Few modern spirits are possessed with a lineage and flavor as beguiling as southeastern Spain’s Licor 43. The aromatic, straw-hued elixir is supposedly sibling to a 2,000-year-old fermented beverage, liqvor mirabilis, made from local fruit, spices, and herbs. According to lore, the so-called miraculous liquor was discovered after the Romans conquered Carthago Nova (modern-day Cartagena). The drink was subsequently banned and forced into underground production, which kept the recipe alive. In 1946, Diego Zamora and his siblings created a contemporary version, Licor 43, made from macerated vanilla, lemon, orange, coriander, and a roster of 39 other secretly held Mediterranean botanicals.
In Spain, Licor 43 is ubiquitous over ice. But the country’s most popular liqueur is also favored by bar professionals around the globe for its versatility and compelling flavor—an herbaceous backbone softened by notes of vanilla and a kiss of citrus. The Carajillo, popular in Mexico and Latin countries, is the simple combo of Licor 43 and a shot of cooled espresso.
The drink inspired bar manager Charlotte Neitzel of Austin’s Milonga Room to create the Carajo, which benefits from the addition of mezcal and Amaro Montenegro. “We’re an Argentine amari bar, and Licor 43 plays beautifully with that category of spirits, rounding out the sometimes sharp or bitter notes,” she says. “The Carajo has a velvety texture and tastes like a spiked vanilla latte.”
1 1/2 oz. espresso, cooled
1 1/2 oz. Licor 43
3/4 oz. mezcal (Neitzel uses Mezcal Unión Uno)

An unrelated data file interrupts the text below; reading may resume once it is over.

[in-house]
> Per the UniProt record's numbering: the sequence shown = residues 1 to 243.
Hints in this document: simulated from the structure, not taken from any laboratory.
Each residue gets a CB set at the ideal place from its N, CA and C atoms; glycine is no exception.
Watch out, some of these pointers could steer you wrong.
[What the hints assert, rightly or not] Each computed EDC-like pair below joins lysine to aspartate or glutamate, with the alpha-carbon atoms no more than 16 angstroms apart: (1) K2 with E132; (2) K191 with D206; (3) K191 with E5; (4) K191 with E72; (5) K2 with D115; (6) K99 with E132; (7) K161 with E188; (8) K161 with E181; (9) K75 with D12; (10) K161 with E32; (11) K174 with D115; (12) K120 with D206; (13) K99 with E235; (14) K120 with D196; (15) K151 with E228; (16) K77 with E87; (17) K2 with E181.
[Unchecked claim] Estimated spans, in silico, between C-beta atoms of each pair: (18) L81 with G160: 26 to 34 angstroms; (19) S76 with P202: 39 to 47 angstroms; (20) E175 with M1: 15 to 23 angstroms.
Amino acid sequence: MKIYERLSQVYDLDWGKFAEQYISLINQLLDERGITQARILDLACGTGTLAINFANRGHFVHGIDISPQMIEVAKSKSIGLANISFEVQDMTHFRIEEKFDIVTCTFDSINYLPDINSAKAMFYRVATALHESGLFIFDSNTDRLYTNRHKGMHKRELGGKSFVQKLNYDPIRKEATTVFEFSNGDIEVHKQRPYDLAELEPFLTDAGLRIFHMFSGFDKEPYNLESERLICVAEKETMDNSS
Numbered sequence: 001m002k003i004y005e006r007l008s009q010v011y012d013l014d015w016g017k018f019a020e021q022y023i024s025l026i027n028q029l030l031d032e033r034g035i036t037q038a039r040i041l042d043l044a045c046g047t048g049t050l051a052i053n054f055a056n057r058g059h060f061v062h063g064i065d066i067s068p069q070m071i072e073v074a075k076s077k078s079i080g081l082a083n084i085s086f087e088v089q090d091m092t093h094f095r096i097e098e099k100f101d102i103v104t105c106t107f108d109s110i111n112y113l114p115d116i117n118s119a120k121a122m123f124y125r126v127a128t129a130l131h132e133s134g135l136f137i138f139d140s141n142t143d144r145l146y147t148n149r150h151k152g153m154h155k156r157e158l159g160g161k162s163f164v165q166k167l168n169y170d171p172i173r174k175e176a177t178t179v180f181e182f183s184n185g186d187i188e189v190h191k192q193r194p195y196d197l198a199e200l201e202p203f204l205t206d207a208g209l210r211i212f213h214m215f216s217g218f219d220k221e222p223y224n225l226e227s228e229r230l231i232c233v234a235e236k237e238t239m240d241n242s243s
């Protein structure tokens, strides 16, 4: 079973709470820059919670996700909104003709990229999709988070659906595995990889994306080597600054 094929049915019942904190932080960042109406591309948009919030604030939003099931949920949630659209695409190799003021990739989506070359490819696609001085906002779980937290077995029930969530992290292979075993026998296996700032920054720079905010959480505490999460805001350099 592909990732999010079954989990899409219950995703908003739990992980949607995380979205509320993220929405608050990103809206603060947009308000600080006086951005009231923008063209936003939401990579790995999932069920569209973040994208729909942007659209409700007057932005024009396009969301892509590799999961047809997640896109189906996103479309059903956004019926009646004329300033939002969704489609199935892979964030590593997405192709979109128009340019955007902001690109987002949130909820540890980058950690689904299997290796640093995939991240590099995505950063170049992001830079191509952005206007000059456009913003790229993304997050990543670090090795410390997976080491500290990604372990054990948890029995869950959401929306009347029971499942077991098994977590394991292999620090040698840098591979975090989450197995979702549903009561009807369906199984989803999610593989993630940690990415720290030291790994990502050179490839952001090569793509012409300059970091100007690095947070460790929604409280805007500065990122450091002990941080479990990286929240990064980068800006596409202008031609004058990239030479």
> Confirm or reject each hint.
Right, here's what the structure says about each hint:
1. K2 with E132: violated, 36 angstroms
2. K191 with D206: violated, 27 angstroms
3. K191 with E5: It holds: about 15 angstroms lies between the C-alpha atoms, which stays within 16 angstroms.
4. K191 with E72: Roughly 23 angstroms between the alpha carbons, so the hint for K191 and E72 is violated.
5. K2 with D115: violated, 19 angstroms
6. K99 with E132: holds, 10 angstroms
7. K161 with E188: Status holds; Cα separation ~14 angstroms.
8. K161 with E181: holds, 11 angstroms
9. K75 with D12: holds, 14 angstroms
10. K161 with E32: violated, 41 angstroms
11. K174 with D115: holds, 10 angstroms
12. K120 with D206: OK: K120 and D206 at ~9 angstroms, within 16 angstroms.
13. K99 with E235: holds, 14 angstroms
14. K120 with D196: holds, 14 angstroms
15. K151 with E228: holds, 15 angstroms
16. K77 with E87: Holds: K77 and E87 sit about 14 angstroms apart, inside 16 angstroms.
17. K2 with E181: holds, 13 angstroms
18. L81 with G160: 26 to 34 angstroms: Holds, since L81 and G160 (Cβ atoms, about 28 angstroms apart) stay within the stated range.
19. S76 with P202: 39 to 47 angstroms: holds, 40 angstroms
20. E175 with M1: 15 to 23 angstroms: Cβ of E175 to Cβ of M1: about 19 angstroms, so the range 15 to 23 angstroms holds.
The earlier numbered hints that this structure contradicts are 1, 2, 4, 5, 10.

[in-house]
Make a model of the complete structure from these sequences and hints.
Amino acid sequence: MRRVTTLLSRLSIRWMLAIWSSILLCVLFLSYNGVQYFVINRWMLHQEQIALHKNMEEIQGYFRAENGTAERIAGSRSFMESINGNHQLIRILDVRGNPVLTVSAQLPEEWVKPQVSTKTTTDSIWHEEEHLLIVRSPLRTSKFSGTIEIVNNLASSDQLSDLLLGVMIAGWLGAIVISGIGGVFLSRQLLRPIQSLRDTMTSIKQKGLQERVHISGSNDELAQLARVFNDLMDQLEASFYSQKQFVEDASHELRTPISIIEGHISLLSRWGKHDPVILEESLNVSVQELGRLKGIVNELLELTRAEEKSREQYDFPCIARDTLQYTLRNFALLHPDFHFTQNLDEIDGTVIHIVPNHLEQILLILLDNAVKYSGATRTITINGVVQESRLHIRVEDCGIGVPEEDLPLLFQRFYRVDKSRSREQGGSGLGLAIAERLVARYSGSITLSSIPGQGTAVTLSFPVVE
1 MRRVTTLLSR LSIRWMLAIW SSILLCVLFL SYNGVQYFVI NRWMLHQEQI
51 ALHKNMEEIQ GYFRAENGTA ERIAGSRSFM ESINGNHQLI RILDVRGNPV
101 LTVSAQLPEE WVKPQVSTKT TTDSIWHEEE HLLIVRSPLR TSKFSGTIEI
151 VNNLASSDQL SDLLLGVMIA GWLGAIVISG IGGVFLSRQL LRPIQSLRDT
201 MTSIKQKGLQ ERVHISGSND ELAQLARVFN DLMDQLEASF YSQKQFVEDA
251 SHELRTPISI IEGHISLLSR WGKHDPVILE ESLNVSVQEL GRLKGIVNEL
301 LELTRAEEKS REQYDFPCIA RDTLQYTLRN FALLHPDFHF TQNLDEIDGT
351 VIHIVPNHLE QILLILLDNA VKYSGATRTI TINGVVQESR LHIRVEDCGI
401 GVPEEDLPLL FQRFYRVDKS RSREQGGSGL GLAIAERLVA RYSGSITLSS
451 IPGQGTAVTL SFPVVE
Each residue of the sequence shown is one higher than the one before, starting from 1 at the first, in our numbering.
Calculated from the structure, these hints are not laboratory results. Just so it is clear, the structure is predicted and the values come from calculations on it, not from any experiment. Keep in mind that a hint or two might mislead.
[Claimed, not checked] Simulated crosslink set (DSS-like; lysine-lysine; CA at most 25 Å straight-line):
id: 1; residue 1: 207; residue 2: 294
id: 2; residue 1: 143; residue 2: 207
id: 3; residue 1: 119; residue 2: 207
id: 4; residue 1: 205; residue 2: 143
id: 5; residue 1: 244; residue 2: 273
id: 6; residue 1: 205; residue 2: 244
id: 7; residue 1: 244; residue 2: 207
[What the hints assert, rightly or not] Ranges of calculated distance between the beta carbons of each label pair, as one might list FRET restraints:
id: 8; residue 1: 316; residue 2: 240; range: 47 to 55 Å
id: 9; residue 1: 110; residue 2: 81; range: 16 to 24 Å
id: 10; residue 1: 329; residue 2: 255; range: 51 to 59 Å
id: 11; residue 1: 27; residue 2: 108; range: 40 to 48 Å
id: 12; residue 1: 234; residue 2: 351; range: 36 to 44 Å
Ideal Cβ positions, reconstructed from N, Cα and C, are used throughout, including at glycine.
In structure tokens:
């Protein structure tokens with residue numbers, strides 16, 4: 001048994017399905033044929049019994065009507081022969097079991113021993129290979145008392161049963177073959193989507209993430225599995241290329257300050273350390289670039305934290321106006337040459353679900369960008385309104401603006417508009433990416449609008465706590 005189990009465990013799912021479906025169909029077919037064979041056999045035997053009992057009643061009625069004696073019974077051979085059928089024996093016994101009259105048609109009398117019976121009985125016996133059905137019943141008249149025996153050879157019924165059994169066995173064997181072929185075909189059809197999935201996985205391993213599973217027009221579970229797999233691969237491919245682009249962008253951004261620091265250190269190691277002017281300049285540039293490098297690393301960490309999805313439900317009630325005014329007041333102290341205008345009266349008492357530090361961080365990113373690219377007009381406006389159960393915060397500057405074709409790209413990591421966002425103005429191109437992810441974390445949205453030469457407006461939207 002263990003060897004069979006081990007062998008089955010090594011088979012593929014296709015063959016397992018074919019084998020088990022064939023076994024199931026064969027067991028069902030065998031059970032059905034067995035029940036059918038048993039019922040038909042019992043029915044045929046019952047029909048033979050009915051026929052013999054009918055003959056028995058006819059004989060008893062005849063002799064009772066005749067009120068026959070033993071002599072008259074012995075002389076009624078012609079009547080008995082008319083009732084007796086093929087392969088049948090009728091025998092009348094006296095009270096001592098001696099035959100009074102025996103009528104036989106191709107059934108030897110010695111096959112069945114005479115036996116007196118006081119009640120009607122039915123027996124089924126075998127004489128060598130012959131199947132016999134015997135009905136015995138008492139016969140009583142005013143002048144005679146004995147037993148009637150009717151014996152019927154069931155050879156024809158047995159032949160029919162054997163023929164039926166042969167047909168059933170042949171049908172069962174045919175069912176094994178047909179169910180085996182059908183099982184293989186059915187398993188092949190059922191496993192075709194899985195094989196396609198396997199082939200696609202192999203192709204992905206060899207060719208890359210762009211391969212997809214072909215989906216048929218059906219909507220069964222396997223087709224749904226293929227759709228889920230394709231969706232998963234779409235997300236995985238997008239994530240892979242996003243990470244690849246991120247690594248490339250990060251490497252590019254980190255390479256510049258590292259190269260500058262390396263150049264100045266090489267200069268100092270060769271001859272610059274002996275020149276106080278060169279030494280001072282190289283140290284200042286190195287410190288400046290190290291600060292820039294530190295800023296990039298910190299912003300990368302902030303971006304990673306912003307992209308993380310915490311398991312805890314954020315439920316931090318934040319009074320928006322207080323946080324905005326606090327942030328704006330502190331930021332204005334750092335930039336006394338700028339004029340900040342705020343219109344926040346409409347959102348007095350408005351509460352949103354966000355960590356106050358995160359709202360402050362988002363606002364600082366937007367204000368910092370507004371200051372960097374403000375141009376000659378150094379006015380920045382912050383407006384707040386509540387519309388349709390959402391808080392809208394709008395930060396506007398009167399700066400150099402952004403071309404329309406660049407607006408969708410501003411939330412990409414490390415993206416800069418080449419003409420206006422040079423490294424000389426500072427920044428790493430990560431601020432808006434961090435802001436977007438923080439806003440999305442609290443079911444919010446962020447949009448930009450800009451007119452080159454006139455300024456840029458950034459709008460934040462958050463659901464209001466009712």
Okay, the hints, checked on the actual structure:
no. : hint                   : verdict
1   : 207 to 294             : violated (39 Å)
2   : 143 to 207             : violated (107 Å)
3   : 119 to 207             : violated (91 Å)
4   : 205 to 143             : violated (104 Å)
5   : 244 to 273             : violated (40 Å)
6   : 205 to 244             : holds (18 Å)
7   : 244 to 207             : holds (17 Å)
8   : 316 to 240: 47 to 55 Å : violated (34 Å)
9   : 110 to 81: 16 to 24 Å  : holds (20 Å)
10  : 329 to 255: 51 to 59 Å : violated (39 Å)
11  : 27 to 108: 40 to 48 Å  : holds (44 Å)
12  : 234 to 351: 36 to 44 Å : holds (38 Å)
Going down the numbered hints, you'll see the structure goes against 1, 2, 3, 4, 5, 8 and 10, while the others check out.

3/4 oz. Amaro Montenegro
Tools: shaker, strainer
Shake all of the ingredients with ice, then strain into the glass over a large ice cube.
Charlotte Neitzel, Milonga Room, Austin
Whiskey also plays well with Licor 43. Katie Goeller, general manager and beverage director of Huertas in New York City, reaches for Rittenhouse rye for its ability to provide “a high-proof, spicy base that blends perfectly with Licor 43.” For her Excelsior Pass, she shakes the two ingredients with lemon juice and egg white for a more complex, layered version of a New York Sour that’s garnished with a float of fruity Garnacha. “Licor 43 has a slight viscosity and that, combined with the vanilla, adds body and sweetness to the drink,” she says.
1 1/2 oz. rye whiskey (Goeller uses Rittenhouse)
1/2 oz. Licor 43
3/4 oz. demerara syrup (1:1)
3/4 oz. fresh lemon juice
1 egg white
Garnacha float (or any fruit-forward red wine)
Tools: shaker, strainer
Shake all of the ingredients except the wine without ice, until foamy. Add ice to the shaker and shake again to chill. Strain into a glass holding a single large ice cube, then slowly pour the wine over the back of a spoon to create the float atop the drink.
Katie Goeller, Huertas, New York City
When Brian Sturgulewski, partner and vice president of hospitality at Bonhomme Hospitality Group, created his version of a Lemon Drop, he added full-fat Greek yogurt and Licor 43 to give the vodka-based cocktail a “rich, creamy tartness that’s vanilla-forward and herbaceous, while retaining the bright lemon pop of the classic.” The cocktail, now on the menu at Bordel in Chicago, has become a favorite. “Licor 43 is such a seductive spirit,” says Sturgulewski. “But I also love its versatility. It can be used as an after-dinner tipple or wonderful accent, or in a larger amount to give drinks a very pronounced and distinctive flavor profile.”
1½ oz. vodka
¾ oz. Licor 43
¾ oz. fresh lemon juice
¼ oz. simple syrup (1:1)
1 barspoon full-fat Greek yogurt
Tools: shaker, strainer, fine strainer
Garnish: superfine sugar, poppy seeds
Use a lemon wedge to moisten half the rim of a coupe and dip it into superfine sugar, tapping to remove the excess. Shake all of the ingredients with ice, then double strain into the prepared coupe and garnish with a sprinkling of poppy seeds in the middle of the drink.
Brian Sturgulewski, Bordel, Chicago